|Formation||“Four Unities” are essential to formation: Time, Possession, Interest & Title. Must be equal shares & rights formed all at once.||Can obtain unequal shares of property by different deeds at different times.||Same as joint tenant.|
|Severance||An owner who destroys one of the four unities, including selling their interest, creating a lease (in some states), taking a mortgage in a title theory state, an agreement between the owners, or judicial sale.||Owner can sell his/her interest without permission of others.||Neither spouse can terminate the tenancy and thereby defeat the other’s right of survivorship by unilateral action.2|
|Possession||Each owner has the right to possess the entire property (i.e., unity of possession). No one has the right to exclusive possession of the premises. If one owner has sole possession, he or she does not need to pay the other owner(s) the rental value of the property. If the possessor sells resources from the land (such as timber or coal) he or she must account for the revenues to the other owners. The same is true for rentals.|
|Ouster||If one owner ousts the other(s) wrongfully, the possessor must pay the other(s) their share of the property’s rental value.|
|Contribution||The possessor who pays for improvements to the land cannot compel non-possessors to contribute. Unconsented repair costs will not compel contribution. Contribution is enforced for real estate taxes and mortgage payments.|
|Partition||Allowed by any owner, except for tenancy by the entirety. Amount paid my be adjusted for uncompensated repairs, improvements, tax payments & rents.|
| Notes |
1. Creditor of decedent cannot reach the surviving joint tenant’s interest because the interest shifted at the moment of death.
2. Termination results by a mutual agreement to terminate; one spouse dies; judgment is executed against husband and wife by a joint creditor of both; or divorce, which leaves the parties as tenants in common.
The table above is based on common law, and the details for each tenancy may be different in your state.
|Community Property States|
Ten states follow community property family law. If you reside in a community property state, this may have a significant impact on your ownership rights to your home and personal property. Married people in community property states can title real property they buy as a joint tenancy, tenancy in common, or tenancy in the entirety. In some states, they also have the option to title the property as community property.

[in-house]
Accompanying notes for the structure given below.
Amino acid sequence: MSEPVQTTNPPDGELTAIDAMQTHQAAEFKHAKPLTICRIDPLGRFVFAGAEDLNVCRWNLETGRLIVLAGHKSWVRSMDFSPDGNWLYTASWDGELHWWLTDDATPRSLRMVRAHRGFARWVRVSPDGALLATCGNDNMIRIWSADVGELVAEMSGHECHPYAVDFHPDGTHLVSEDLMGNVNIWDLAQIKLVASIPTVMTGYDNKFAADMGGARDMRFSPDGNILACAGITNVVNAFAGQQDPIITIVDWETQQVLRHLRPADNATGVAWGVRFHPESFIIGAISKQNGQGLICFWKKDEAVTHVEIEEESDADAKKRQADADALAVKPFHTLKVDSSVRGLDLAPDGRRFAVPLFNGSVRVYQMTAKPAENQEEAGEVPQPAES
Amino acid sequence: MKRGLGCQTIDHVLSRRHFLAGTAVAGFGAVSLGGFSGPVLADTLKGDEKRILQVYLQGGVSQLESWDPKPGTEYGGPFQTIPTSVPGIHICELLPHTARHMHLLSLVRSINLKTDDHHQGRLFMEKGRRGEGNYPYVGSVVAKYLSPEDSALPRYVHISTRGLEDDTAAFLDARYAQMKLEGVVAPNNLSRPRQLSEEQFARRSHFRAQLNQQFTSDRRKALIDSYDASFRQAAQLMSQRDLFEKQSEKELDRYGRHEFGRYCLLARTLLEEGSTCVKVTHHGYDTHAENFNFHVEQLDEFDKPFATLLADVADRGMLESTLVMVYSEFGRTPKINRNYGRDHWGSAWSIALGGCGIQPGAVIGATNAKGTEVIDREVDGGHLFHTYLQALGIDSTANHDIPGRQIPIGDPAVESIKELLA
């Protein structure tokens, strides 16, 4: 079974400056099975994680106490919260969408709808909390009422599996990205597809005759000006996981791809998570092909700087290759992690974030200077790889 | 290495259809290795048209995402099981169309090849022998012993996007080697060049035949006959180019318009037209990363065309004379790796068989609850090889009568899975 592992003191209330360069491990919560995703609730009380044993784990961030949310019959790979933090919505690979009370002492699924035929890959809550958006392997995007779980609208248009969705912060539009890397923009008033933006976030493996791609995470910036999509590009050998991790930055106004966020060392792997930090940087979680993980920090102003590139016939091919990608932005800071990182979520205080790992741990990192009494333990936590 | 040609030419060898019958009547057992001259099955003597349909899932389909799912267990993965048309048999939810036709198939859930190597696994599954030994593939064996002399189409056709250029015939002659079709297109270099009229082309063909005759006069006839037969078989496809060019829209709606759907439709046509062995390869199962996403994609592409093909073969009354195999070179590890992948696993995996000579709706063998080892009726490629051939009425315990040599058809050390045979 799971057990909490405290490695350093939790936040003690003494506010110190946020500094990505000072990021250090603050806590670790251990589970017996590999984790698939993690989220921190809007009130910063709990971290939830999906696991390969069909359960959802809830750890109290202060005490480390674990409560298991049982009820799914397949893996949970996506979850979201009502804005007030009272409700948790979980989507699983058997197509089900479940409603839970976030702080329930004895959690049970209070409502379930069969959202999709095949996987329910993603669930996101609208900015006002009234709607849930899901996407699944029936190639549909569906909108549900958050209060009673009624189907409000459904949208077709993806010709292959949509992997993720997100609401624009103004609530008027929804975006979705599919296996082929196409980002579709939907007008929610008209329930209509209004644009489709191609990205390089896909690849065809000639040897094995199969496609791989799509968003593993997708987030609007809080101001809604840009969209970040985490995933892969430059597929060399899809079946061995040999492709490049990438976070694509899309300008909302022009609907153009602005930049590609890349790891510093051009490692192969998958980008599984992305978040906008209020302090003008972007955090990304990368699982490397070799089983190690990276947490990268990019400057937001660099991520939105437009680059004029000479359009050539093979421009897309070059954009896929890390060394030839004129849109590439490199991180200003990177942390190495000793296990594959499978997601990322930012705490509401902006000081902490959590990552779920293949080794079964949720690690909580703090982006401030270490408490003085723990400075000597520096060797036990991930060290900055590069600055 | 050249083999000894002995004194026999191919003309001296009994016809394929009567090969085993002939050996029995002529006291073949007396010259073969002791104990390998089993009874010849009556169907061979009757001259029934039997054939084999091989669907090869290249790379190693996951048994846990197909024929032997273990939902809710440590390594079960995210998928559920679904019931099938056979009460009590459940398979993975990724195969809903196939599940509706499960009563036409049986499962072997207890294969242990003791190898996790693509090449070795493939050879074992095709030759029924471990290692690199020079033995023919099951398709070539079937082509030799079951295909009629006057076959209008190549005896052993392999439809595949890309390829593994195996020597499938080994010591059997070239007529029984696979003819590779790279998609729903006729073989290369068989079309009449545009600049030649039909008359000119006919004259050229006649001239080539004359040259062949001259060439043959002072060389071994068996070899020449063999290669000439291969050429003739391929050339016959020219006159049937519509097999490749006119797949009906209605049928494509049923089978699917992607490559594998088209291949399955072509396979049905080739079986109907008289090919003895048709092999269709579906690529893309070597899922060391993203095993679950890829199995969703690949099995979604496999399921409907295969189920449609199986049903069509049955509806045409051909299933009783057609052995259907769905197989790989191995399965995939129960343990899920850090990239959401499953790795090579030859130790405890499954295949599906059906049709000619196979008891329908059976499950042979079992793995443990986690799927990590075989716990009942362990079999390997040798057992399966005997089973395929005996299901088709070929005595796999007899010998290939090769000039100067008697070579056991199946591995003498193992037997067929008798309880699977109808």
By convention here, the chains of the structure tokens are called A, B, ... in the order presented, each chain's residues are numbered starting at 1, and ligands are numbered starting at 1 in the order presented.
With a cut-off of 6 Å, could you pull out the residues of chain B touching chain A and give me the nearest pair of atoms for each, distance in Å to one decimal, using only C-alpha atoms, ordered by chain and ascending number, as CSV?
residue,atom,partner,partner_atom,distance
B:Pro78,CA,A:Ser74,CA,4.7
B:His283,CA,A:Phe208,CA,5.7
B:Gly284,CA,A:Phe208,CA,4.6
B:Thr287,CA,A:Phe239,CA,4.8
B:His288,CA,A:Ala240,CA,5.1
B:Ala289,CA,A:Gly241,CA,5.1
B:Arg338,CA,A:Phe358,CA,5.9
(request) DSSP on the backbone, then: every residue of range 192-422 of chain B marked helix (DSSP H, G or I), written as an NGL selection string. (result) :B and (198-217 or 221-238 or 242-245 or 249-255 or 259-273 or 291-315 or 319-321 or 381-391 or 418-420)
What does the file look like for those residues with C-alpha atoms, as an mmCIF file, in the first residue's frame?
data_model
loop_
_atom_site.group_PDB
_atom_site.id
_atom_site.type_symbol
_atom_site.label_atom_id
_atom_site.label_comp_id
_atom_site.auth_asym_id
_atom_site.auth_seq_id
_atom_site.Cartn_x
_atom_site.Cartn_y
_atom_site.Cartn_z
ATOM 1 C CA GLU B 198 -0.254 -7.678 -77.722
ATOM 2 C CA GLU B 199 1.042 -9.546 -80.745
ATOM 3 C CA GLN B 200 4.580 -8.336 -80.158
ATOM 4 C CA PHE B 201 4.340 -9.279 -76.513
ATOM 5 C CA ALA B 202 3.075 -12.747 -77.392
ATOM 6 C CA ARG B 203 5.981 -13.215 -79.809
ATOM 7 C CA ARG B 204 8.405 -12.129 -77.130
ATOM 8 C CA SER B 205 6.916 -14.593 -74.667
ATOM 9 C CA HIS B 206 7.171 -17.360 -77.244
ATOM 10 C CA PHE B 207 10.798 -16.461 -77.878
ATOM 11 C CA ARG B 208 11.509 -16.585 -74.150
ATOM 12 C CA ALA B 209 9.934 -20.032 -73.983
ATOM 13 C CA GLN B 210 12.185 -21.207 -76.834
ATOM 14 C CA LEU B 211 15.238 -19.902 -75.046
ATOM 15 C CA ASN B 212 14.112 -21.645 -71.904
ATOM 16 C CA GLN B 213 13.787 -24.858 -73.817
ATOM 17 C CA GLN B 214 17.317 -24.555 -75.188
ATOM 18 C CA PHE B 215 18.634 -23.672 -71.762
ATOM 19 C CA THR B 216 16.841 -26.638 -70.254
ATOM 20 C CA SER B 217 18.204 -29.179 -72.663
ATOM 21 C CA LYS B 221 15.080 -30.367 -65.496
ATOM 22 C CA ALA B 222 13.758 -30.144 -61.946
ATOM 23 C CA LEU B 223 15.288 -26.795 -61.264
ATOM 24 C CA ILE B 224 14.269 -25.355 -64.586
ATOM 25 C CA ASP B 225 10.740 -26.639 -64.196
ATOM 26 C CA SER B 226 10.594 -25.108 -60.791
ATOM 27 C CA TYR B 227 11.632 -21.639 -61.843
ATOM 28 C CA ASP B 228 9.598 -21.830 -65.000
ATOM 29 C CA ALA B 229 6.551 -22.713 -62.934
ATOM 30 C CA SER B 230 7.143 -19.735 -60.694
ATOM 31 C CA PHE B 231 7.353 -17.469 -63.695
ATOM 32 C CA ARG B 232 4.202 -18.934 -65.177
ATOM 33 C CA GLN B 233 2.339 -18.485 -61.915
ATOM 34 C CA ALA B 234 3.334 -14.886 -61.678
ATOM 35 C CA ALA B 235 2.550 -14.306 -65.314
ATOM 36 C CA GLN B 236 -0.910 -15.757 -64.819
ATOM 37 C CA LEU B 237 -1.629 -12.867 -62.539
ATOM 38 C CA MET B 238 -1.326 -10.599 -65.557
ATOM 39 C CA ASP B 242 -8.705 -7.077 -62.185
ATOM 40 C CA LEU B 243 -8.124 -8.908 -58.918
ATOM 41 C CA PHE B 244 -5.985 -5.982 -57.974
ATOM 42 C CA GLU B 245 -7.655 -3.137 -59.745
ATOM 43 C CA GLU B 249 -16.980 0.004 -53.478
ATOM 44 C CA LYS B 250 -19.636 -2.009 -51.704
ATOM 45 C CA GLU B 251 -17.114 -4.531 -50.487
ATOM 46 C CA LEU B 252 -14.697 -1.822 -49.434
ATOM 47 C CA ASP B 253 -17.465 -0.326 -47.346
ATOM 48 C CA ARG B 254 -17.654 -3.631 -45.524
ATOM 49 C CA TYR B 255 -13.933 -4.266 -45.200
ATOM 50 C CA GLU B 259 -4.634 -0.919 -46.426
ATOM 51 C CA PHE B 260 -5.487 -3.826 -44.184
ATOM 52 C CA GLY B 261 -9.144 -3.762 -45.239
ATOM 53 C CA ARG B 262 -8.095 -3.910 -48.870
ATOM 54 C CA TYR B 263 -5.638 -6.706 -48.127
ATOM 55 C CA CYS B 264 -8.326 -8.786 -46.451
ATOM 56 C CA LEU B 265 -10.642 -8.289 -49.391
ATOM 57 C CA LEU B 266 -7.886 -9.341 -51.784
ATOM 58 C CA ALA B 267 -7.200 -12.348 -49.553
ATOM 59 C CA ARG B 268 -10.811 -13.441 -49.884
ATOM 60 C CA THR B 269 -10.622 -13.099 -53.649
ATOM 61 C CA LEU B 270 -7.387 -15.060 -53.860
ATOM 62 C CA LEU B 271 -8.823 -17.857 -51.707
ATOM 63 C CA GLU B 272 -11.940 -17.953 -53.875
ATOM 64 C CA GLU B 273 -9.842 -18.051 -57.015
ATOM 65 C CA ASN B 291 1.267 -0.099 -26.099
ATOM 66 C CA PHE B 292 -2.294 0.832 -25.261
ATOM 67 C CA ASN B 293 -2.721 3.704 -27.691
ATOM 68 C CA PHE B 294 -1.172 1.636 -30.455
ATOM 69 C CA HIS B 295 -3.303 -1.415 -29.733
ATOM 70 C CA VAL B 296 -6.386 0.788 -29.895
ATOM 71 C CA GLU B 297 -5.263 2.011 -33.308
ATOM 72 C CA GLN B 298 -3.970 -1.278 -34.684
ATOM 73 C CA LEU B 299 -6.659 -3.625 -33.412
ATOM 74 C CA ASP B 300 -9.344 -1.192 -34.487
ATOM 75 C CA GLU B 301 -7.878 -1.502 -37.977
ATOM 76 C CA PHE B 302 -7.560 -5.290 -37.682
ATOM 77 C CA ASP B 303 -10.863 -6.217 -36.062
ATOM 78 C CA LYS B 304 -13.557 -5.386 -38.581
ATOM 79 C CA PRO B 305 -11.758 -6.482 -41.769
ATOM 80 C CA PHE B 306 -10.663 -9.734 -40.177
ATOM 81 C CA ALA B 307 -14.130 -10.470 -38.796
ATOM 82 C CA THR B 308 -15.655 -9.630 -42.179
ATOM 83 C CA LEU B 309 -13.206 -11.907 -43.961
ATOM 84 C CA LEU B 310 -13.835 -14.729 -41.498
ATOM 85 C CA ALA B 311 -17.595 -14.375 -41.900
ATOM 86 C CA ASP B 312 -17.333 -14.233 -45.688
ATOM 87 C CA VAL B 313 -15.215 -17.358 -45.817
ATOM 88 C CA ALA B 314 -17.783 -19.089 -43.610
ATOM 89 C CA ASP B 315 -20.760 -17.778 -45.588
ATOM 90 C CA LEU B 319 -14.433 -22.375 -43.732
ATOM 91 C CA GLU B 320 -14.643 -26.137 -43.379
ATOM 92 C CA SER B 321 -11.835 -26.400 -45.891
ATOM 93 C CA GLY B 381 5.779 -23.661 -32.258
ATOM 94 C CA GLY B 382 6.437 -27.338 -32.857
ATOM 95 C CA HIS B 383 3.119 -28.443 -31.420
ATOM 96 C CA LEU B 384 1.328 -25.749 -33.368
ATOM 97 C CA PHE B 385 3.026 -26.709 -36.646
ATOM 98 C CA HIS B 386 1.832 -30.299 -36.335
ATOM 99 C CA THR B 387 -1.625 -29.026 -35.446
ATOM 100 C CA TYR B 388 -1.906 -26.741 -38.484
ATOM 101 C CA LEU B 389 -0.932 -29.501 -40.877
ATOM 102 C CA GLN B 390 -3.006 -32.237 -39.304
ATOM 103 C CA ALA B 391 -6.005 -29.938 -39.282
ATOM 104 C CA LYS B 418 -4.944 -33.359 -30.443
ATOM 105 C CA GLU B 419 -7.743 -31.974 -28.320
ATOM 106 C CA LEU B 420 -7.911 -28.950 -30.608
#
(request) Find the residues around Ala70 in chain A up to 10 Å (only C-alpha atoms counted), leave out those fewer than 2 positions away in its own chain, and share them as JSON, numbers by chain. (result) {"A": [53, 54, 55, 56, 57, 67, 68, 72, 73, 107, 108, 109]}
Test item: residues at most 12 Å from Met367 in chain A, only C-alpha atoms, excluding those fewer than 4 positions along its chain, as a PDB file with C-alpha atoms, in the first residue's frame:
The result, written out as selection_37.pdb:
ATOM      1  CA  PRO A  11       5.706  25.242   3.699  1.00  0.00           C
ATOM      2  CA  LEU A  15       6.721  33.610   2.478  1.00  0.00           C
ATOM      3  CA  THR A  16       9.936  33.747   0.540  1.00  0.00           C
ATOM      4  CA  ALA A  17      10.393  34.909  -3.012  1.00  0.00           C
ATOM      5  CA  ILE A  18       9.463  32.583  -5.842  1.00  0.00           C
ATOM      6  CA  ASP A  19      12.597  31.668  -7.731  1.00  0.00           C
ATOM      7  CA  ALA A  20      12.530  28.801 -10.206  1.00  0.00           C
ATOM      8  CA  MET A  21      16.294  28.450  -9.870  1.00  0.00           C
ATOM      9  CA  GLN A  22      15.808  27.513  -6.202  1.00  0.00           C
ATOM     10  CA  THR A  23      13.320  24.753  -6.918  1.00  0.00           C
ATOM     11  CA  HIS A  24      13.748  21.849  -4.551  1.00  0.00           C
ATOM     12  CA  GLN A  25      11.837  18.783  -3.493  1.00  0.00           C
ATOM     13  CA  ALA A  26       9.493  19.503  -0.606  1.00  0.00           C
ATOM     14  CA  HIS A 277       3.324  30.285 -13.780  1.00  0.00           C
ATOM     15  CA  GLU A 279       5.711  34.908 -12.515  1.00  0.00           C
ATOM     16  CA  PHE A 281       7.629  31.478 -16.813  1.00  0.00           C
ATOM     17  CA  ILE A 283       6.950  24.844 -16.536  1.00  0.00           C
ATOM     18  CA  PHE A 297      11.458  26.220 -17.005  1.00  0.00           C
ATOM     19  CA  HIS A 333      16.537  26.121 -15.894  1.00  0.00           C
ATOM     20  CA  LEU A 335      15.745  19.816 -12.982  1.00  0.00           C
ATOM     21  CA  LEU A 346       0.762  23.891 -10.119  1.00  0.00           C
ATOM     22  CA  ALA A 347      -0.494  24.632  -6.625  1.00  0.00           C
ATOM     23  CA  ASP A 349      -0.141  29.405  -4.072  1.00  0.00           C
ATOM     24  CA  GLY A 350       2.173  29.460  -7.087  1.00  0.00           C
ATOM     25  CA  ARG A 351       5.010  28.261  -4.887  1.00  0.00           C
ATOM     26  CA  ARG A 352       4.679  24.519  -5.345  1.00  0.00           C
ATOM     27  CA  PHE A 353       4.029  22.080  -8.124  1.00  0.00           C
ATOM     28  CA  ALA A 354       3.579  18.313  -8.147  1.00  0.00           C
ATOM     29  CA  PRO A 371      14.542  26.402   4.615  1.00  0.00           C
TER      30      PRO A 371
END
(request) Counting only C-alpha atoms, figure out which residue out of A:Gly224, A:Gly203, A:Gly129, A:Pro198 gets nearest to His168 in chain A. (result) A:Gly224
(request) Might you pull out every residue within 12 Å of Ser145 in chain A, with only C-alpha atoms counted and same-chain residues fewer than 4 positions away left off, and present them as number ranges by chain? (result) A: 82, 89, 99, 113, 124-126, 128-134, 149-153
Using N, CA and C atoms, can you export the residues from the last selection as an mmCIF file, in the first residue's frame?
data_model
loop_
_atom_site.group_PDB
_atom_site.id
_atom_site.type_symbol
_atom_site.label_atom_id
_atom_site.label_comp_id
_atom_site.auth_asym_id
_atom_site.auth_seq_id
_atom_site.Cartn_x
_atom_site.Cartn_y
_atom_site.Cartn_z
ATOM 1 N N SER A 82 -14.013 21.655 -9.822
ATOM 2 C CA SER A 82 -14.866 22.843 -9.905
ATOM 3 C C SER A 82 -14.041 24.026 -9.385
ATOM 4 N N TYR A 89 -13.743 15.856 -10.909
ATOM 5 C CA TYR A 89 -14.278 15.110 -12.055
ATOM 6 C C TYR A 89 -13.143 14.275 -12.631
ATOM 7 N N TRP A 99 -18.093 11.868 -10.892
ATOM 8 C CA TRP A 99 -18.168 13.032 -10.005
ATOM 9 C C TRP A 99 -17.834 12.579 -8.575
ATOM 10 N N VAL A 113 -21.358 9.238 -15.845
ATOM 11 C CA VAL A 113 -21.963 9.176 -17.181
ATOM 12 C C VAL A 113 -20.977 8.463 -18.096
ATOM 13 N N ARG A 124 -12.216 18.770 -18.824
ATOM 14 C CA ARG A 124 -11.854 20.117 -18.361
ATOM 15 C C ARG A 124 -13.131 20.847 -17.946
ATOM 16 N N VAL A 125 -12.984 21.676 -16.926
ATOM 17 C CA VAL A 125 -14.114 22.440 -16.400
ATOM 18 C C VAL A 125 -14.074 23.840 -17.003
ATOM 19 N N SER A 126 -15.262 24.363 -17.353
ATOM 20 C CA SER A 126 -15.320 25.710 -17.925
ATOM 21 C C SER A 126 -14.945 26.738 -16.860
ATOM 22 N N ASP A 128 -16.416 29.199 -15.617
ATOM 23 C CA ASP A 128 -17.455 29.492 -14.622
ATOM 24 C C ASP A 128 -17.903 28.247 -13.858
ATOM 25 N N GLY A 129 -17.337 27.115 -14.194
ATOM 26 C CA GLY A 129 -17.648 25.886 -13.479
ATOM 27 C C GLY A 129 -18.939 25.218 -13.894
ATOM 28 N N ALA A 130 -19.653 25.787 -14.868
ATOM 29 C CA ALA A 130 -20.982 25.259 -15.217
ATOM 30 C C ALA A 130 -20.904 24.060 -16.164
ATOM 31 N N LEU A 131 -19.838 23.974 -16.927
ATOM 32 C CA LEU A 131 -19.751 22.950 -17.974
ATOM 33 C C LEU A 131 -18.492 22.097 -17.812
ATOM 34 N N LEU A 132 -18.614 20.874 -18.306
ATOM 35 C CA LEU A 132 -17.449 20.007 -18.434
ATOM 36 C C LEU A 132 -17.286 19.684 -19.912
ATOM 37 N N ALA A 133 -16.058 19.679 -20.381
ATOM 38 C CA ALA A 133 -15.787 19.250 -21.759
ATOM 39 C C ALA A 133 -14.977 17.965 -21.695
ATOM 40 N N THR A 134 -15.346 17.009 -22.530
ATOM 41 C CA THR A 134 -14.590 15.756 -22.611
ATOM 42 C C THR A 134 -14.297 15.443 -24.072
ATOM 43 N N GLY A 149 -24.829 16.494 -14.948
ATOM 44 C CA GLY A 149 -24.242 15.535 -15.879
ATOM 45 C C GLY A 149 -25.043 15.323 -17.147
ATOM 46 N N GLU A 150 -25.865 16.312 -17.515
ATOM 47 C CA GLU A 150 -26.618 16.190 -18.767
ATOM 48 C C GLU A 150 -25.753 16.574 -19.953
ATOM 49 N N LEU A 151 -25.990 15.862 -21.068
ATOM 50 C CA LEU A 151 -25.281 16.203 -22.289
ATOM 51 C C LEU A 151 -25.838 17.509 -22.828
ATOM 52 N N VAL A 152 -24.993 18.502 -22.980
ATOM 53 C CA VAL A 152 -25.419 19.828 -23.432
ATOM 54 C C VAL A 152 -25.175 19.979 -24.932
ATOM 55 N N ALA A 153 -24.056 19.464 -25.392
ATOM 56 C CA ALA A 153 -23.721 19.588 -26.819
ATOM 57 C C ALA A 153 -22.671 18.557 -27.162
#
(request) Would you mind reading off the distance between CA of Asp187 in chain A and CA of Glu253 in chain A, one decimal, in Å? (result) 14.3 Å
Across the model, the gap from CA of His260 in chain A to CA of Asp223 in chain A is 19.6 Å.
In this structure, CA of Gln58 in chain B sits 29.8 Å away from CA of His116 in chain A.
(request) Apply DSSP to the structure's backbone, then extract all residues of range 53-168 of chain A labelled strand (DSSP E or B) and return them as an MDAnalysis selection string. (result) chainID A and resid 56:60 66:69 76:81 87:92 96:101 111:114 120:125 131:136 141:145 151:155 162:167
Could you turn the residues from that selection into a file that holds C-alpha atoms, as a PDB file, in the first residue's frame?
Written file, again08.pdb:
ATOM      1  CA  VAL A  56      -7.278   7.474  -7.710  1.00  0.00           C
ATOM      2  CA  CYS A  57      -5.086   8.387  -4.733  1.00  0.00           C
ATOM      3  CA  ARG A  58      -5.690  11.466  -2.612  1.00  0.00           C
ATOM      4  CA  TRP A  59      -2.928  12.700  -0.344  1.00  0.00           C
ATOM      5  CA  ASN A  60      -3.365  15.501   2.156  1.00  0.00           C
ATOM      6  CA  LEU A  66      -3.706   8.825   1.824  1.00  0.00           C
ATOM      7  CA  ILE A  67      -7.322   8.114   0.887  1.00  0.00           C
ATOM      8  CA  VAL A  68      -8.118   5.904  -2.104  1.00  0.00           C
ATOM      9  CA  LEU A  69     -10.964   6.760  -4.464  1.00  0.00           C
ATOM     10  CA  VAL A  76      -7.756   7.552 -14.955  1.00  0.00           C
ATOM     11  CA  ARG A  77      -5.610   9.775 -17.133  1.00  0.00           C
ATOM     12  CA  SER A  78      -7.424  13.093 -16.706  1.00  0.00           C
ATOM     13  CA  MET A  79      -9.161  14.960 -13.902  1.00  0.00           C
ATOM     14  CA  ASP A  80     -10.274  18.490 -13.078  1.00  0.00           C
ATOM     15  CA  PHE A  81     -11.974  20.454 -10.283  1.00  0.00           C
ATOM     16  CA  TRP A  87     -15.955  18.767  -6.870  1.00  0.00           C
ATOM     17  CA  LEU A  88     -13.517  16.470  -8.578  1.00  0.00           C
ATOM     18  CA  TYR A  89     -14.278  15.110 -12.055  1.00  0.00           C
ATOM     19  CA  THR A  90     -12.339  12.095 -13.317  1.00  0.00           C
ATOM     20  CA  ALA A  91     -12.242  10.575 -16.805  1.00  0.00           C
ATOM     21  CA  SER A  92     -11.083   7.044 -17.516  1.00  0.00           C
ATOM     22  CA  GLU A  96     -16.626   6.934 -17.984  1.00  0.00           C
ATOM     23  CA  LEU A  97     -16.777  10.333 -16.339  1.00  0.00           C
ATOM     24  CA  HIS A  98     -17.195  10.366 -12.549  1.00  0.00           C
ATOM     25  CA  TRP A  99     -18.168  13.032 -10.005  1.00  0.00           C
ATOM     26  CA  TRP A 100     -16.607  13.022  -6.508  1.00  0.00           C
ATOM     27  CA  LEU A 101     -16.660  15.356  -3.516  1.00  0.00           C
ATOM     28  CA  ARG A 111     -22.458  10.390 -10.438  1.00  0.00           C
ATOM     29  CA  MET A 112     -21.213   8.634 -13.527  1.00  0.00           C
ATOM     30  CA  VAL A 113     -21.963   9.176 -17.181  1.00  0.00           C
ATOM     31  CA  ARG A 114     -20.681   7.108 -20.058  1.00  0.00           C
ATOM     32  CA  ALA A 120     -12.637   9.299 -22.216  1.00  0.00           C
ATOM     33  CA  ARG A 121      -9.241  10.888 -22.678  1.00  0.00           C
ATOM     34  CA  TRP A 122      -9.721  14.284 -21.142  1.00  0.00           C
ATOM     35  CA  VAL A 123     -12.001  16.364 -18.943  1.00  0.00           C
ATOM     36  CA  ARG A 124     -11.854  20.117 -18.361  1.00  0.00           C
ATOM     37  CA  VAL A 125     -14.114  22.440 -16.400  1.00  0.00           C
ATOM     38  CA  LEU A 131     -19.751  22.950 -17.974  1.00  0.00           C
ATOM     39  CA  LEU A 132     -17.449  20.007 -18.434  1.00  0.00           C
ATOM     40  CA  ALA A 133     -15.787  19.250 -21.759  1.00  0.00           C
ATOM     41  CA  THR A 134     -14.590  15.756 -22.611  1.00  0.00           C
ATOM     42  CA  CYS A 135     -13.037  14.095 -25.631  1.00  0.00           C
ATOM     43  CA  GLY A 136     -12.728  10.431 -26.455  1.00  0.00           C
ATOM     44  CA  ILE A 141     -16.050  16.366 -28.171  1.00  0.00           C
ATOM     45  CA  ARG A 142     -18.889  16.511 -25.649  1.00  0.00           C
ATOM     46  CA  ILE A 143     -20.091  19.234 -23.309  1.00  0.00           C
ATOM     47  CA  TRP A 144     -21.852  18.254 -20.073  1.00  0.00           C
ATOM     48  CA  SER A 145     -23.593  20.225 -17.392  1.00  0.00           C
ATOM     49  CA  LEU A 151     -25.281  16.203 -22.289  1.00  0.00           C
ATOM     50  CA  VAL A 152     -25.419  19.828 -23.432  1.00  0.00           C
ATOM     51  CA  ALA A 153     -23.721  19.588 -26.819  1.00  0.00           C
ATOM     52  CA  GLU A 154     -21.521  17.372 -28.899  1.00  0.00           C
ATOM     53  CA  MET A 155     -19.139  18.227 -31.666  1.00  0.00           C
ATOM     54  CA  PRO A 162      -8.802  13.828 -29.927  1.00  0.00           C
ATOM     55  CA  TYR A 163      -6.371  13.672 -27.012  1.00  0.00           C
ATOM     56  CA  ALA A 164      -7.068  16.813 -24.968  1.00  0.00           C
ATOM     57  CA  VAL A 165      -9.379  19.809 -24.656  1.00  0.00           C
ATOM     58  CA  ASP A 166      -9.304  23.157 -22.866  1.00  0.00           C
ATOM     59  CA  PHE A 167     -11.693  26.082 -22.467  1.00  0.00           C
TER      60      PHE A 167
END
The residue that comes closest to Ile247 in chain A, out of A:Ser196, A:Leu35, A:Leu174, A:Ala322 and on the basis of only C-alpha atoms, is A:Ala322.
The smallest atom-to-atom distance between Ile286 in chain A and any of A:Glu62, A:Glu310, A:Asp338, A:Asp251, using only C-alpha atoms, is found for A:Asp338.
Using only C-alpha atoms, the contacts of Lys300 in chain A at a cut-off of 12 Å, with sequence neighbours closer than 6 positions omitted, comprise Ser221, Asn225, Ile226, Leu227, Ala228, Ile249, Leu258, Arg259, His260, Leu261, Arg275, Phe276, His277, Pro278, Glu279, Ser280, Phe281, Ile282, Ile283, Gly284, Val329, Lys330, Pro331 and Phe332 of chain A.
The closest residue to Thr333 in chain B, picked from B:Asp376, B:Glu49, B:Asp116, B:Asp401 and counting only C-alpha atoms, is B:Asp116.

The basic principal behind community property schemes is that a married couple is treated as a "marital community," which operates as a single entity for many legal purposes. In general, the earnings of either spouse during marriage, and all proceeds from those earnings, are deemed community property.
If a home is purchased by the couple as the family residence in a community property state, it may be considered to be owned by the marital community, even if only one spouse’s name is listed on the title. During the marriage, the spouses have equal rights to use and control the community property. Upon divorce, community property is divided between the spouses, often using equitable criteria. At death, the decedent spouse may transfer by will one half of the community property and the other half belongs to the surviving spouse.
Although spouses are allowed to own individual assets and incur individual debts, many community property states presume property purchased or debts incurred during the marriage were for the benefit of the community and thus are community property. California, for example, makes this presumption.
Let us start with a legally married couple who resides in a common law state — not one of the 10 community property states — who is about to buy a home. You have the option of picking one of the three concurrent ownership titles listed in the table above. If your top priority is to have a spouse assume 100% ownership of the property if the other spouse dies, then choose either a joint tenancy or a tenancy by the entirety. However, if each spouse would like their share of the property to be conveyed to someone else upon their death (such as his or her child), then choose a tenancy in common. If you do not make a conscious effort to pick one of the three when completing the deed, the state will assume you meant to choose a tenants in common.
Now let us look at a legally married couple who resides in a community property state. This is trickier because if a spouse purchases real property with community and not separate funds, community property law can trump the title if a spouse dies, or if the couple divorces. Couples buying homes in community property states should consult with a lawyer if one or both spouses wish for their interest in the property to be inherited by someone other than spouse.
Now let us look at partners buying property who are not married to each other. Here, the choices are either a joint tenancy or a tenancy in common. In a joint tenancy, all partners must contribute an equal amount of money (called an equal interest), and be titled at the same time. In a joint tenancy, if one owner dies, his or her interest is rolled-into the interest(s) of the surviving partners at the moment of death. Therefore, if you want someone other than your other joint tenant(s) to inherit your interest in a property, choose a tenancy in common.
For partners buying property who are not married to each other, a tenancy in common is the only option if the partners’ interests are not the same amount.
If your ownership situation is complex, and especially if you are married and you want someone other than your spouse to inherit your interest in the property if you die, consult with a lawyer who has real property experience to learn more about real property law.